OK, this is Liz again. I want to thank all of you for your support while I went through a bad time. A lot of you left me comments with good advice and during this interval, I’ve been thinking about the way I want to go and what I want to do. One thing is sure: the only thing that can possibly change is MY way that I react to situations. So chin up and start adjusting my attitude. This is going to be the last downer post, then I’ll let Maggie take the blog back.
I’d mentioned in my last post that a lot of stuff was happening that I couldn’t talk about. Well, most of these things have now happened and I can mention some of them.
For one thing, Erik and Jenny broke up. Erik had moved in the week we went camping, so it wasn’t exactly a surprise, but it still hit hard for two reasons: One, they’d been together four years. Two, it’s hard having another personality come (back) to the home. We’ve all been adjusting, and it’s not always easy trying to accommodate everyone.
The other thing that happened was, my friend, who had been sick for some time, passed away. It hit me like a train. She’d been through a lot with Type I diabetes, which took the sight out of her eye and the hearing from one ear. She’d had a kidney transplant (again, complications from diabetes) and had heart trouble. In the last couple of years, she fell twice, and then she had a stroke. Recently, she’d suffered another, and that is what took her.
We usually corresponded through emails since it was hard for her to talk on the phone. With email, I could adjust the font size, so she would have no problem reading. So, I’d been sending her emails, sending her pictures, sent her a birthday card with a note saying I wanted to take her to lunch. Her birthday was yesterday. But she never got the card. I’d driven past her house, and a strange car was out in front of it. A shiver went down my spine, but I told myself it was just her son visiting. It wasn’t.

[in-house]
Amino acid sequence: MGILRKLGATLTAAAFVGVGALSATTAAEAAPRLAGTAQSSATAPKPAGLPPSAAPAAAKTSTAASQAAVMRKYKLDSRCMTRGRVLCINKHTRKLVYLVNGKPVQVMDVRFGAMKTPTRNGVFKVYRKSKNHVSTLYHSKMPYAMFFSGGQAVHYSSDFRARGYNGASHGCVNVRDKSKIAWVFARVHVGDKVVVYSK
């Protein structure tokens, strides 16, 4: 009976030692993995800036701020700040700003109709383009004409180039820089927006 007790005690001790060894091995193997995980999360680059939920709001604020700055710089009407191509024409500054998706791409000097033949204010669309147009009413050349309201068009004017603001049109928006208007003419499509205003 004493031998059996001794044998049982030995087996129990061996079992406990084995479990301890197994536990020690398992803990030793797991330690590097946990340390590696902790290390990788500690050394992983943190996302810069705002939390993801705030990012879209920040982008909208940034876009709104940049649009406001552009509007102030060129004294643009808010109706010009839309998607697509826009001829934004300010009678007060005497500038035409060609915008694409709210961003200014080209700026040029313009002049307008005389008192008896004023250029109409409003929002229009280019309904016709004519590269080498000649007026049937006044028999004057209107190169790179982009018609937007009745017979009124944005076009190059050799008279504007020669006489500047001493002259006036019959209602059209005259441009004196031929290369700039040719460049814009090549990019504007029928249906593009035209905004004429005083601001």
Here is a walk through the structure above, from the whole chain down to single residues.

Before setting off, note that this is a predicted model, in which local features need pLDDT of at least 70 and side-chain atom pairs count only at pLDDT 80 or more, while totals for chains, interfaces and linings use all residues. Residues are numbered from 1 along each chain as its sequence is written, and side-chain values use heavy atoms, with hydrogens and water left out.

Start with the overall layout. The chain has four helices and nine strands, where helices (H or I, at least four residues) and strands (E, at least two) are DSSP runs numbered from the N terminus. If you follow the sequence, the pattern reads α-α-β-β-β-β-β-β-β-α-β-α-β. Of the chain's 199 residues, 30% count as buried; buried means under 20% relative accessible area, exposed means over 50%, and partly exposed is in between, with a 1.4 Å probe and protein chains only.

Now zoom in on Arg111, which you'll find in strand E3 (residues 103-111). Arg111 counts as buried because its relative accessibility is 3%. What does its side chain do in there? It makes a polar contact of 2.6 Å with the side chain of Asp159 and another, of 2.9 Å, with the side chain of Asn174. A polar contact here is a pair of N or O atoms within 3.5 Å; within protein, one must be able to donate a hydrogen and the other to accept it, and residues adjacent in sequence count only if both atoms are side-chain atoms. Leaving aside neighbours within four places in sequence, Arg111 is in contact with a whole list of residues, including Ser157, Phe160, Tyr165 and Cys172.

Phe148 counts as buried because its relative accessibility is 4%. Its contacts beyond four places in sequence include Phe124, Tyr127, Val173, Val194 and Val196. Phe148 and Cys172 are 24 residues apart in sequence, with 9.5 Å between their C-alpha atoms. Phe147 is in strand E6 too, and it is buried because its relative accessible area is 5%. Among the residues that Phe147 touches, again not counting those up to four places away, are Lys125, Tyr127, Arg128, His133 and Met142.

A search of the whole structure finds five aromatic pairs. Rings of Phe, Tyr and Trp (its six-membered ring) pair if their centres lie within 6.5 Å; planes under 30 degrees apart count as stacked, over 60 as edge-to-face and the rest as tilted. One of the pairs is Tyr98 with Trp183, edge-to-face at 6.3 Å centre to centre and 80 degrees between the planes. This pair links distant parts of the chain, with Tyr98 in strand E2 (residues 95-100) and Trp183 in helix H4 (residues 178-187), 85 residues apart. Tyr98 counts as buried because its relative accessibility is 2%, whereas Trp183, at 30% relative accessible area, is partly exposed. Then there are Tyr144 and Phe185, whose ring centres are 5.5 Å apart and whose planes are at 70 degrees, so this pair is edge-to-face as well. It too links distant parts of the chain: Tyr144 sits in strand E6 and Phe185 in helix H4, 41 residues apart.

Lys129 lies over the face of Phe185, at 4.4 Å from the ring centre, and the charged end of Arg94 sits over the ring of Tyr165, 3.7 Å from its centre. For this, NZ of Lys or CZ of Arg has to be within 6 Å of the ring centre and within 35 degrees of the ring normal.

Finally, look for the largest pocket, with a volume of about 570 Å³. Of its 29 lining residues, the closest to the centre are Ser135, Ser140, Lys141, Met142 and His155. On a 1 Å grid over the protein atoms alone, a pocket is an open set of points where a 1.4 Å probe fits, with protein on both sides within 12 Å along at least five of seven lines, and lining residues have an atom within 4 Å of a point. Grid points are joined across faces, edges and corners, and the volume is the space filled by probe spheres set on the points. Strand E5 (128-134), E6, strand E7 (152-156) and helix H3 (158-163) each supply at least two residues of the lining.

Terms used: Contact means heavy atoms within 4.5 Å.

I fondly remember taking Maggie over there to meet her. I was worried Maggie would jump, but the dog seemed to know that this person was fragile, and just lay down at her feet and thumped her tail. Denise told me Maggie was a good dog (I blogged about this, when I wanted Maggie to take the therapy dog training. However, Maggie is still quite excitable). Denise told me about her Basset Hound, Barney, and how he watched over her. A couple of times when she was in a diabetic emergency, the dog barked and howled until someone came and took her to the ER. When Barney went to the Rainbow Bridge, Denise had a bronze statue of him put in her garden. She could never bear to get another dog, but always asked me about Maggie.
Like I said, yesterday would have been her birthday. We had a beautiful day, with sunny skies and hot temperatures (strange for our part of the country), just like Denise would have liked. She always said she was a Summertime Girl and loved the heat, the sun, and the light.
The night was dark and clear, and Jamie built a huge bonfire in the back yard. Jim, Jamie, and I sat around it and watched the flames shoot 2 and 3 feet in the air. Red-orange, glowing sparks popped and flew to the heavens like so many tiny shooting stars. I sat back in my chair and felt my friend close to me. I felt comforted.
I closed my eyes and hoped with all I had that she was somewhere safe and comfortable, somewhere where she could eat whatever she chose and not have another needle. Somewhere where she could see clearly and hear the tiniest tinkling bell. Somewhere where she didn’t need a cane and her heart beat wild with joy. Somewhere where she was holding Barney and he was licking her face.
Rest in peace my friend.